Affordable Home Loans vs Mortgage Desperation - Part I
by Gerald from Los Angeles, California
Ask Kate about affordable home loans vs mortgage desperation: Fixer upper homes often seem like a bargain for cash-strapped home buyers. But not only do the properties often require major repairs, many borrowers seeking to finance them discover that the only available mortgage programs have sub-optimal terms.
This can set up a vicious cycle of future refinances with high interest rates and costly terms. Case in point, let's meet Gerald from Los Angeles who has already financed a fixer upper he inherited but is running into unexpected zoning issues. On top of that, his interest rate is 10 percent and he has a $325,000 balloon payment in less than 5 years.
In the next Ask Kate letter, we'll hear from Rachel who lives in Knoxville and wants to buy a home that needs renovation in order to quit renting. The obstacle for Rachel is that her family's income is primarily from student loans.
Refinancing Terrible Mortgage Rate and Terms By Gerald from Los Angeles, California
I have a question about refinancing a terrible mortgage rate and terms.
I am 55 years old and inherited a house that was paid off but needed immediate repairs.
I took out a $325,000 loan with the terms being 10% interest-only for 5 years and a balloon payment at the end of that term. The current home value is $895,000.
My credit score was in the low 600's. I made 12 payments in advance so that I would have some breathing room and the on time payments would help boost my credit score.
My intention was to build a one bedroom apartment over the garage to live in. Then I'd rent out the front house for the going rates in the neighborhood. This would have resulted in a rent free apartment and a positive cash flow after the mortgage, insurance and taxes were paid, with money left for maintenance also.
The property is zoned for this but the city is making it almost impossible to do with a lot of small restrictions such as parking space sizing and such.
I am starting to wonder if I would not be better off using the money that was earmarked for the remodel, to just purchase another small place and still rent out the current property.
I am not working due to some health issues and cannot show an income for the last 4 years due to being my mother's caregiver. I still have over two hundred and fifty thousand dollars in the bank.
***zz-portrait-left.shtml*** Ask Kate answers: Refinancing Terrible Mortgage Rate and Terms
I can see how Plan A to create cost-free housing for yourself could be a smart move for your future. But I have two concerns... the city-imposed zoning restrictions and the affordability of the existing home loan.
So, the first task at this juncture, I think, is to figure out whether you are going to be able to comply with zoning requirements. Otherwise, you are spinning your wheels.
Then, if there is a way to meet the zoning requirements, you'll need to determine if the cost is affordable. Think Money Pit
! You don't want to get trapped in a vicious cycle of pouring money into a project that drains your resources.
Or instead, let's say you decide to pursue Plan B. You buy a small home instead of building an apartment for yourself and rent out the house you inherited.
But wait! Doesn't the inherited house need repairs before you can rent it? If so, set aside a portion of the refinance proceeds for repairs before spending it all on a home for yourself.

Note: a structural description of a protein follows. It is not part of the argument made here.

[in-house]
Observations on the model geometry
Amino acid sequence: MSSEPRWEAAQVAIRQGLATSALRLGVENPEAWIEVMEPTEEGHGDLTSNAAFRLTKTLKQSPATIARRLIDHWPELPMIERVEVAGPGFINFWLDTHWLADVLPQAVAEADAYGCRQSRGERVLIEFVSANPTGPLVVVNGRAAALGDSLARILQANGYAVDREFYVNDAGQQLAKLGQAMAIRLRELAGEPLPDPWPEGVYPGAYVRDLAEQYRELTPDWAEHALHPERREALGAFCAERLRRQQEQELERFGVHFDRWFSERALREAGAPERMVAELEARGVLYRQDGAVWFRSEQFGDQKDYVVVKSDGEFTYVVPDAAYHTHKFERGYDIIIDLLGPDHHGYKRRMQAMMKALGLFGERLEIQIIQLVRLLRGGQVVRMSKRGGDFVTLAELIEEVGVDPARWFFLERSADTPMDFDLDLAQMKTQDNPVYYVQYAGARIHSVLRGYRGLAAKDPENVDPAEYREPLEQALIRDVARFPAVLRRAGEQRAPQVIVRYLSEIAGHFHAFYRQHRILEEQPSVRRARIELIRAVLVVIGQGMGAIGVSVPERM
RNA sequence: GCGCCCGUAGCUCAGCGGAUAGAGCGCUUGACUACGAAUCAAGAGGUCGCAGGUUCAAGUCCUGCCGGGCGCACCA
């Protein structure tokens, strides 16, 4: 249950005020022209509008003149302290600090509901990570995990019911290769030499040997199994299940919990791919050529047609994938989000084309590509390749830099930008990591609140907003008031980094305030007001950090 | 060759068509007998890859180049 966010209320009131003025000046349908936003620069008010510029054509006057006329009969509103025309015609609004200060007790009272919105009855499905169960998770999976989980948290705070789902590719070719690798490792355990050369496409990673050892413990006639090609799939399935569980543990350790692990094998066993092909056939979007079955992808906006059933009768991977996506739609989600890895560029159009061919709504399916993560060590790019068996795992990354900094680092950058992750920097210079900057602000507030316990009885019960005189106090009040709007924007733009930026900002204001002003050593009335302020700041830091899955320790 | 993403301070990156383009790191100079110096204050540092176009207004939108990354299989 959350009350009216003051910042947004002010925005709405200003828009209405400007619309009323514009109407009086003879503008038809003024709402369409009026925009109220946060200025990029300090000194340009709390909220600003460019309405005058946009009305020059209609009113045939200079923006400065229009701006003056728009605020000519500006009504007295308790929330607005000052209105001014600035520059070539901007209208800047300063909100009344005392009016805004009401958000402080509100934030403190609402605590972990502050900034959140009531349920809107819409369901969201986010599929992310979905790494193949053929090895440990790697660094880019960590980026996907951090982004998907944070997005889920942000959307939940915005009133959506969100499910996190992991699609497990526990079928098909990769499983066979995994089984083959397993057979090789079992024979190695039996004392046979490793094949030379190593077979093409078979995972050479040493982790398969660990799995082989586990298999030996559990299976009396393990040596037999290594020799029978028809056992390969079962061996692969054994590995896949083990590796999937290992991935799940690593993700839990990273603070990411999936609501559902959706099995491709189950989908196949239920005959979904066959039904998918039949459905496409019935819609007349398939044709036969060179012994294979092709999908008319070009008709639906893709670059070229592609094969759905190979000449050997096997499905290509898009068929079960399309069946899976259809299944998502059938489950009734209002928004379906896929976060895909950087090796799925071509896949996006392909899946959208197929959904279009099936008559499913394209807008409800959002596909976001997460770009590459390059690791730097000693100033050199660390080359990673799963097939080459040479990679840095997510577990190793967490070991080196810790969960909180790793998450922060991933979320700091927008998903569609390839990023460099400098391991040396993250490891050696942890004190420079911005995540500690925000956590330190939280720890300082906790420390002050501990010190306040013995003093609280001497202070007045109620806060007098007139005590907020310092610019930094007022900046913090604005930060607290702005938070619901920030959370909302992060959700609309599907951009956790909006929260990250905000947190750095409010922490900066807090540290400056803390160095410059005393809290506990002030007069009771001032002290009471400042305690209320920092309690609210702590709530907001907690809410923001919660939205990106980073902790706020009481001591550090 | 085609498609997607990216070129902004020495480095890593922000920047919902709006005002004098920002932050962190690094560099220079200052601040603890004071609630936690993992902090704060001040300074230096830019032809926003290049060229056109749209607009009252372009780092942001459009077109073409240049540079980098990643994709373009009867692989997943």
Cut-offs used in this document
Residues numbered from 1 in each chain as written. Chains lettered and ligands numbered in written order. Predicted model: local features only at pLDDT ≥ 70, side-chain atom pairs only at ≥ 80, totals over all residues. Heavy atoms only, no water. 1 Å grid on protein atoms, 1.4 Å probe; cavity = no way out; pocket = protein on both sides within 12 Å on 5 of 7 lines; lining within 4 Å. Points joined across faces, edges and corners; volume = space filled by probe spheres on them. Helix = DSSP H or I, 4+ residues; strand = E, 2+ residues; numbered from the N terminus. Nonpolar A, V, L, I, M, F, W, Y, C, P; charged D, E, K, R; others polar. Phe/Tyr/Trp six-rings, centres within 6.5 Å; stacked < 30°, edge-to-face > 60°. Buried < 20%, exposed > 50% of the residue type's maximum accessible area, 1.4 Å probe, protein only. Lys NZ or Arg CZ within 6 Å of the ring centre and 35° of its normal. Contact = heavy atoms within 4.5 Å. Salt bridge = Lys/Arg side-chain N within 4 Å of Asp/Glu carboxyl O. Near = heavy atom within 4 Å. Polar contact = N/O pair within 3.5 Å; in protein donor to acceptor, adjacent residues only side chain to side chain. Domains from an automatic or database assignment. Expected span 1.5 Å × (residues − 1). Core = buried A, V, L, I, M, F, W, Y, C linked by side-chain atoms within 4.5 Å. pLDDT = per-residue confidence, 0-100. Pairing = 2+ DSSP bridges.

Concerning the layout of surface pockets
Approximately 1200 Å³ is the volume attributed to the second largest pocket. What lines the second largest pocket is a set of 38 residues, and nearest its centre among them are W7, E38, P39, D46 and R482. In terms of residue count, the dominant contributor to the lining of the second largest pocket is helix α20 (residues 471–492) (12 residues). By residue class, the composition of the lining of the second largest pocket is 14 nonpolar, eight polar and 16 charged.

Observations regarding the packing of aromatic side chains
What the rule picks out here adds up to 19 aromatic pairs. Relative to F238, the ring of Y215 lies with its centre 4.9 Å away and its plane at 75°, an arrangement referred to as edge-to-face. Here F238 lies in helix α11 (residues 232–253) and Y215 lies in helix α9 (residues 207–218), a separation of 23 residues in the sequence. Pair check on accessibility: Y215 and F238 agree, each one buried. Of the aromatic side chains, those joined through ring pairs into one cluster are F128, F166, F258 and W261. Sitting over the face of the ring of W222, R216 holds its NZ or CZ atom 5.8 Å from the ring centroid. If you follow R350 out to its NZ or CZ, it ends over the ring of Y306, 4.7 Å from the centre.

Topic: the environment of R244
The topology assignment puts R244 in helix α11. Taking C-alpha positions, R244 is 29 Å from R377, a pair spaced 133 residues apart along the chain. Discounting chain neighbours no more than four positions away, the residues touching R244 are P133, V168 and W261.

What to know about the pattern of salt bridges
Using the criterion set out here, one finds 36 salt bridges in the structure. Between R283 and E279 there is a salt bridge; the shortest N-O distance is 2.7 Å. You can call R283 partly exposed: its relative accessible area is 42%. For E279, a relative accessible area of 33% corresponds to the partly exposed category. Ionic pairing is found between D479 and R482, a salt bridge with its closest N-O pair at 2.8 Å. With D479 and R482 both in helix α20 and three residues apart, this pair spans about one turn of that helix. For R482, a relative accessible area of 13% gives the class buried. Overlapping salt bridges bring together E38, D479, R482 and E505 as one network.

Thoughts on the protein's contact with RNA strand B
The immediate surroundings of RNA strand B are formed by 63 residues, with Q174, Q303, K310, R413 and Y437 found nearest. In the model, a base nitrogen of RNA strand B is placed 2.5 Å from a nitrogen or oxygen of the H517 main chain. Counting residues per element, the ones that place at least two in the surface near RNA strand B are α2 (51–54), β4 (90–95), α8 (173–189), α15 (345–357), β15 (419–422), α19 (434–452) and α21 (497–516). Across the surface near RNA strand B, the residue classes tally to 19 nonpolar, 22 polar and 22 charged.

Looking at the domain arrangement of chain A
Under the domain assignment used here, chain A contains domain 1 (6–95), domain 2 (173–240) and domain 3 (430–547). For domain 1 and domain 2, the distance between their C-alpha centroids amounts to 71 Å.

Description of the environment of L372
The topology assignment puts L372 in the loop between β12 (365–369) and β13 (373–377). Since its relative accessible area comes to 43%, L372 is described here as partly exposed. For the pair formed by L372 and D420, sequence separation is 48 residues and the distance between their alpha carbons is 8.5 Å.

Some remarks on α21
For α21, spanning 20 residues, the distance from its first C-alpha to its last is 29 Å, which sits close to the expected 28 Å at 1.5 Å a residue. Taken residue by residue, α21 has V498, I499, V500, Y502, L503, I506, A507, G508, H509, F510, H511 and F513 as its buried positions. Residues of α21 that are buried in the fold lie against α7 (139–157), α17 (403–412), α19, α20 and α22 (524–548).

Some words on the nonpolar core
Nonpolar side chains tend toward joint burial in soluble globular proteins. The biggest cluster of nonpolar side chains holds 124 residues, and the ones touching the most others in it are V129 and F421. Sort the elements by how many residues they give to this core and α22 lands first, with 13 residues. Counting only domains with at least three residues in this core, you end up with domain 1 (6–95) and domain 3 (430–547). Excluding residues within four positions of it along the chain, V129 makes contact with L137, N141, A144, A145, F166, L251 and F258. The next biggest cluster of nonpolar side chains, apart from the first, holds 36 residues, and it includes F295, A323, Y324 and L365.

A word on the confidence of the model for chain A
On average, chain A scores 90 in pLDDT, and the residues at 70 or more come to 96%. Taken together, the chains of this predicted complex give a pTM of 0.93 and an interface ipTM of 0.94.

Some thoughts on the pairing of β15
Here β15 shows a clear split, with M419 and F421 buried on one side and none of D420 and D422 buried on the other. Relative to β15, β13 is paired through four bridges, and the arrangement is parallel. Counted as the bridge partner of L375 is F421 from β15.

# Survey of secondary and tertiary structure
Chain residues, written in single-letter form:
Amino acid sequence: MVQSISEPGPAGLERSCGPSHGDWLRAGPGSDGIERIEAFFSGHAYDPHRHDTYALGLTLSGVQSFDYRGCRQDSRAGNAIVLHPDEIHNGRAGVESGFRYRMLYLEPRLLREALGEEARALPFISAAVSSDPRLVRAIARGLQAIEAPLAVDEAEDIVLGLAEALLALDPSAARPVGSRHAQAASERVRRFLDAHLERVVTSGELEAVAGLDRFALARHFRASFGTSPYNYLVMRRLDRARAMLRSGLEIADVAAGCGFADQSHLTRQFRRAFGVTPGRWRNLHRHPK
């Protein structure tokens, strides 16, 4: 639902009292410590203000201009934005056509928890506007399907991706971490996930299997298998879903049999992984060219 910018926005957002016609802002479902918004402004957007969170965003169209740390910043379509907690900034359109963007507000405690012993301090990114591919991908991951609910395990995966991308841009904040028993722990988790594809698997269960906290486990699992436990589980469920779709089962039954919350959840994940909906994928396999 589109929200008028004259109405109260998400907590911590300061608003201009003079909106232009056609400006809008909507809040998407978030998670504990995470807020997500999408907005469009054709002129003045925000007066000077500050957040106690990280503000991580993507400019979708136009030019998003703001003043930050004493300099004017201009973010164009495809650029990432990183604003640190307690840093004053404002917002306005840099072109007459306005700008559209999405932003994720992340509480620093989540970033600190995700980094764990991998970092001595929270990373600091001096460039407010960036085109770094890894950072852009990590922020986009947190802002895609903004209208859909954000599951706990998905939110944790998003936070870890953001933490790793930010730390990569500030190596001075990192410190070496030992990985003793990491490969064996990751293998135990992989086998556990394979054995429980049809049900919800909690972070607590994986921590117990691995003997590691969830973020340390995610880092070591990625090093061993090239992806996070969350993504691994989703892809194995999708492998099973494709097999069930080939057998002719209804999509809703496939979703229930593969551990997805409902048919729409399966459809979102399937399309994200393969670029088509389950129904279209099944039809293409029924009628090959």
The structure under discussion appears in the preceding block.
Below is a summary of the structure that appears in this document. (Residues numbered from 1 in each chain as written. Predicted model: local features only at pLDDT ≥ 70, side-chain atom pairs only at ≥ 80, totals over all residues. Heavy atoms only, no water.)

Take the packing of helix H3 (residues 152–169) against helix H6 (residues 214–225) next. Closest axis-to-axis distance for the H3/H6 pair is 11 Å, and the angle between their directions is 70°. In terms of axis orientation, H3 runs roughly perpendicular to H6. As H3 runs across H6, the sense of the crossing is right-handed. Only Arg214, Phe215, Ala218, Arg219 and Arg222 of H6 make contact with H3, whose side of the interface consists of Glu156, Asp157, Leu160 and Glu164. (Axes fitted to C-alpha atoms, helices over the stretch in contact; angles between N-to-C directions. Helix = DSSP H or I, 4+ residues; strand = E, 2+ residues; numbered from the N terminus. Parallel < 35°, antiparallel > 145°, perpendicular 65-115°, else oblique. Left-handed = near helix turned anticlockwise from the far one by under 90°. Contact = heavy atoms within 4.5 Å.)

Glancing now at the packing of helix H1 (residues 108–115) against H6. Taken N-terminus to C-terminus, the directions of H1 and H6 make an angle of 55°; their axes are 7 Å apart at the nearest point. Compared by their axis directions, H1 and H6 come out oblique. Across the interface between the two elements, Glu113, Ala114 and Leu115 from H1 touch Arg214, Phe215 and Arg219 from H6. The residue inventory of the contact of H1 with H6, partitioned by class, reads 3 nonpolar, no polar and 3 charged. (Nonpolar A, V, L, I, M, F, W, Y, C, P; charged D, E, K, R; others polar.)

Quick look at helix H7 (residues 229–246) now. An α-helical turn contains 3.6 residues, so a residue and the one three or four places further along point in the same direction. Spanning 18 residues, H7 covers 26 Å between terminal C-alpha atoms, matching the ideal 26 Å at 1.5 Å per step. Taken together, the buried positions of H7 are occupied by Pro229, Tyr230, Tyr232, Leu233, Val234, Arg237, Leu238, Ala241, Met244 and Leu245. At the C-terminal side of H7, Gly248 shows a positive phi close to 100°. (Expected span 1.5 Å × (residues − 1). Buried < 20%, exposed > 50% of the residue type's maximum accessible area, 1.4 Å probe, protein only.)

Consider Mortgage Affordability vs Mortgage Approval
Whichever plan you choose, develop a budget that details income (that you know you can depend on) and expenses, including mortgage payments, projected upkeep on the dwellings, and personal living expenses.
And by the way, it's impossible for your mortgage originator and/or underwriter to calculate how much you can afford in a house. So don't get trapped into thinking if you are approved for a mortgage that surely you can afford it. Learn how to protect your future at How Much Can You Afford in a House
Prepare for Rental Vacancies - Keep Money in Reserve
Additionally, rental houses often go vacant, even in the best markets. So set aside sufficient funds to pay for the mortgage, upkeep, and unexpected repairs during the inevitable times that you are in-between renters.
Break Out of the Balloon Payment Cycle
Lastly and perhaps most important, create a viable plan to satisfy the balloon payment of $325,000 that you are obligated to pay in the next five years. If there is anything we learned as borrowers during the collapse of the real estate market, it's this. Houses go up and down
Tina S from Coatesville, PA writes that she is $25,000 behind on her mortgage with a $157,000 balloon payment and isn't sure if it's worth trying to save her home. Read her story at Trapped in a Balloon Payment Mortgage
So do not depend on being able to refinance into a superior mortgage to bail out of the balloon payment. Five years comes quickly and if you aren't prepared, you could find yourself in a cycle of desperation, putting yourself at the mercy of the lender who might be more than happy to continue dishing out 10% interest-only mortgages with balloon payments in 5 years. This is a sure way to invite foreclosure.
I like your plan to create income from a rental property that pays for a personal home. But I urge you to consider the long-term affordability factor before diving in any deeper.
You just finished reading the first Ask Kate letter in a mini series on affordable home loans. Now go to Affordable Home Loans: Fixer Upper Houses - Part II
for the second post in the series.
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